Sensory Panel Training: Developing Hospitality Students Analytical and Research Skills




Descriptive analysis, Sensory analysis, Sommelier training, Wine, Wine education


Having been conducted for many years, sensory and flavour analysis have been instrumental in not only developing and assessing the quality of products, but also understanding their nature and unique characteristics.  Relying on a variety of methods, this analysis can take on different forms, ranging from mostly descriptive to more instrumental approaches, which can include sensory panels, whose training is often time-consuming and demanding. Valued by winemakers, descriptive analysis procedures carried out with the help of sensory panels has been extensively used in the food and beverage industry and can be perceived as key within the scope of sommelier training and hospitality programs. However, despite this importance, given its subjective and intensive nature, sensory analysis can be affected by bias and fatigue, requiring regular calibration exercises, combined with structured tasting procedures and protocols. As a result, training sensory panels requires knowledgeable and experienced instructors, dedicated facilities and continuous support, in addition to a comprehensive view that includes other research approaches and tools that can be combined as to produce more valuable and accurate assessment.  

Focused on wine production and drawing from the authors’ experience, this paper aims to reflect on exploratory research methods involving sensory evaluation, putting forward strategies that can be used to support sensory training. Consistent with a work in progress, it addresses the topics of research methods, action research and reflective practice, contributing towards the development of novel approaches within the scope of teaching research methodology in business and management. Despite the focus on wine production, the strategies described aim at enhancing tourism and hospitality students’ research and analytical skills, ultimately being able to benefit other practitioners in the field.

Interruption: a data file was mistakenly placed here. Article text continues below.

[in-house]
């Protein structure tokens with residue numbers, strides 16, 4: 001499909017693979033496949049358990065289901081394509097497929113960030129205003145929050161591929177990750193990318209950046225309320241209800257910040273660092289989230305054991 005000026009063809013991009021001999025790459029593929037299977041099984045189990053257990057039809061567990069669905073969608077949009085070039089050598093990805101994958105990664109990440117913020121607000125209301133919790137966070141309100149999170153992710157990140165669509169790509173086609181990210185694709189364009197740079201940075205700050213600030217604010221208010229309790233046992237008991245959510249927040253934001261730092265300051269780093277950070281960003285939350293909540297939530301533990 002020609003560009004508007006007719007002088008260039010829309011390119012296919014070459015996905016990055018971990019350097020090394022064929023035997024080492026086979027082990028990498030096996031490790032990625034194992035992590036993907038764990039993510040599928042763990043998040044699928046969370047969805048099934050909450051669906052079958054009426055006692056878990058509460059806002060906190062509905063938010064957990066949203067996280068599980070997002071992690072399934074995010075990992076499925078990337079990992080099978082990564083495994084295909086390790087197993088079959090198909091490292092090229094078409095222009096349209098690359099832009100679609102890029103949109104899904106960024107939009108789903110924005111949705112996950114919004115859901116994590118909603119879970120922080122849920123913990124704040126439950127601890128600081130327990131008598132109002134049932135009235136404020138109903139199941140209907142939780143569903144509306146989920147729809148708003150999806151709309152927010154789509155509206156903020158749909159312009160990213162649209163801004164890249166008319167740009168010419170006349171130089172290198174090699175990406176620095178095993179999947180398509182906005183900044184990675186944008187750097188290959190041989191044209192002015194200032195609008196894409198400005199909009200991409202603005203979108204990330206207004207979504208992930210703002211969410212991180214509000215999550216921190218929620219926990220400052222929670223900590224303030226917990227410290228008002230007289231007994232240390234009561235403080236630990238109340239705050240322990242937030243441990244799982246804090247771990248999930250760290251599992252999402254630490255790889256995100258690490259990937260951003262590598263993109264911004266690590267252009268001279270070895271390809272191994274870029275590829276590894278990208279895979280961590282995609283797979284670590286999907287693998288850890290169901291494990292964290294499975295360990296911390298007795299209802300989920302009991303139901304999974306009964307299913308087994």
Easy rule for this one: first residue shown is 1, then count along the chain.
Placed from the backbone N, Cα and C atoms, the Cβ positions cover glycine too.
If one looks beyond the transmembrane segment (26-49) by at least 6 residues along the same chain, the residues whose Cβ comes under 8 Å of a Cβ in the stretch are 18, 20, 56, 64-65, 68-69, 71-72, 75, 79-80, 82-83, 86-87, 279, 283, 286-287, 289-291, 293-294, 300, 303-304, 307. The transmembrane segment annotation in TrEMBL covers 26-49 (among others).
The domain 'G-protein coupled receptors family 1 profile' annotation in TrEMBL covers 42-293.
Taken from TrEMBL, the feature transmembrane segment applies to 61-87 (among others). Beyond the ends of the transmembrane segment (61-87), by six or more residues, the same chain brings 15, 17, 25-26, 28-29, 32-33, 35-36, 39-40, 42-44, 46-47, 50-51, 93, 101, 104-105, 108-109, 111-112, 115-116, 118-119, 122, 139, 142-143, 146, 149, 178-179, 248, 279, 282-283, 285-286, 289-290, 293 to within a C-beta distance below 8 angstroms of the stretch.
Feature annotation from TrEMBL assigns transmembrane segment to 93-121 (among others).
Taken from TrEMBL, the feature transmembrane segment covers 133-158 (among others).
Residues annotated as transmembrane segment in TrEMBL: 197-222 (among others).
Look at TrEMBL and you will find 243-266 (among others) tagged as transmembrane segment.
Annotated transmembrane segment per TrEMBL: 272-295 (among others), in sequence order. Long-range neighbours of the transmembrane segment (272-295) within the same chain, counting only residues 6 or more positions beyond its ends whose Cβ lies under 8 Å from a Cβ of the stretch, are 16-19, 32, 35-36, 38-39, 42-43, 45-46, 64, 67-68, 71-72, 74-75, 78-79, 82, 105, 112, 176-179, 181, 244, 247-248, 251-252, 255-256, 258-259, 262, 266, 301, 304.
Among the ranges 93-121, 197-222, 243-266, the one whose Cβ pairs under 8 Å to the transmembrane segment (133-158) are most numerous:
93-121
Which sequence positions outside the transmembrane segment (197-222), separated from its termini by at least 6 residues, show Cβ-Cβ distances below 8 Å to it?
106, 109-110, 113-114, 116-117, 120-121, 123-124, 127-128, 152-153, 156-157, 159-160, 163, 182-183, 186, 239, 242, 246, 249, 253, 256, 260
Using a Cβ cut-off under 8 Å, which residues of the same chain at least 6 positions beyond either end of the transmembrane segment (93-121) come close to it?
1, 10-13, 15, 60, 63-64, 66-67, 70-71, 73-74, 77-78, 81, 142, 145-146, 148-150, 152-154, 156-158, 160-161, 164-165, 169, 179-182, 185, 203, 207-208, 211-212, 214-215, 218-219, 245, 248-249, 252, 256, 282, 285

Author Biographies

Sandra Vasconcelos, ESHT-IPP

Associate Professor (Polytechnic) at the School of Hospitality and Tourism, Polytechnic of Porto, Portugal. She holds a Master and a PhD in Multimedia in Education and is an integrated member of the Research Centre “Didactics and Technology in Education of Trainers” and  UNIAG – Applied Management Research Unit. 

Bebiana Monteiro, 1ESHT, Polytechnic of Porto; CiTUR - Center for Tourism Research, Development and Innovation

Bebiana Monteiro is a Food Engineer and holds an MBA in Management, a Master's in Enology and a specialization in Hospitality and Catering. She has previous experience in production, sensory analysis and quality management in different portuguese wine regions. In addition to teaching, she coordinates the Wine School and the postgraduate programs (Enotourism and Sommelier).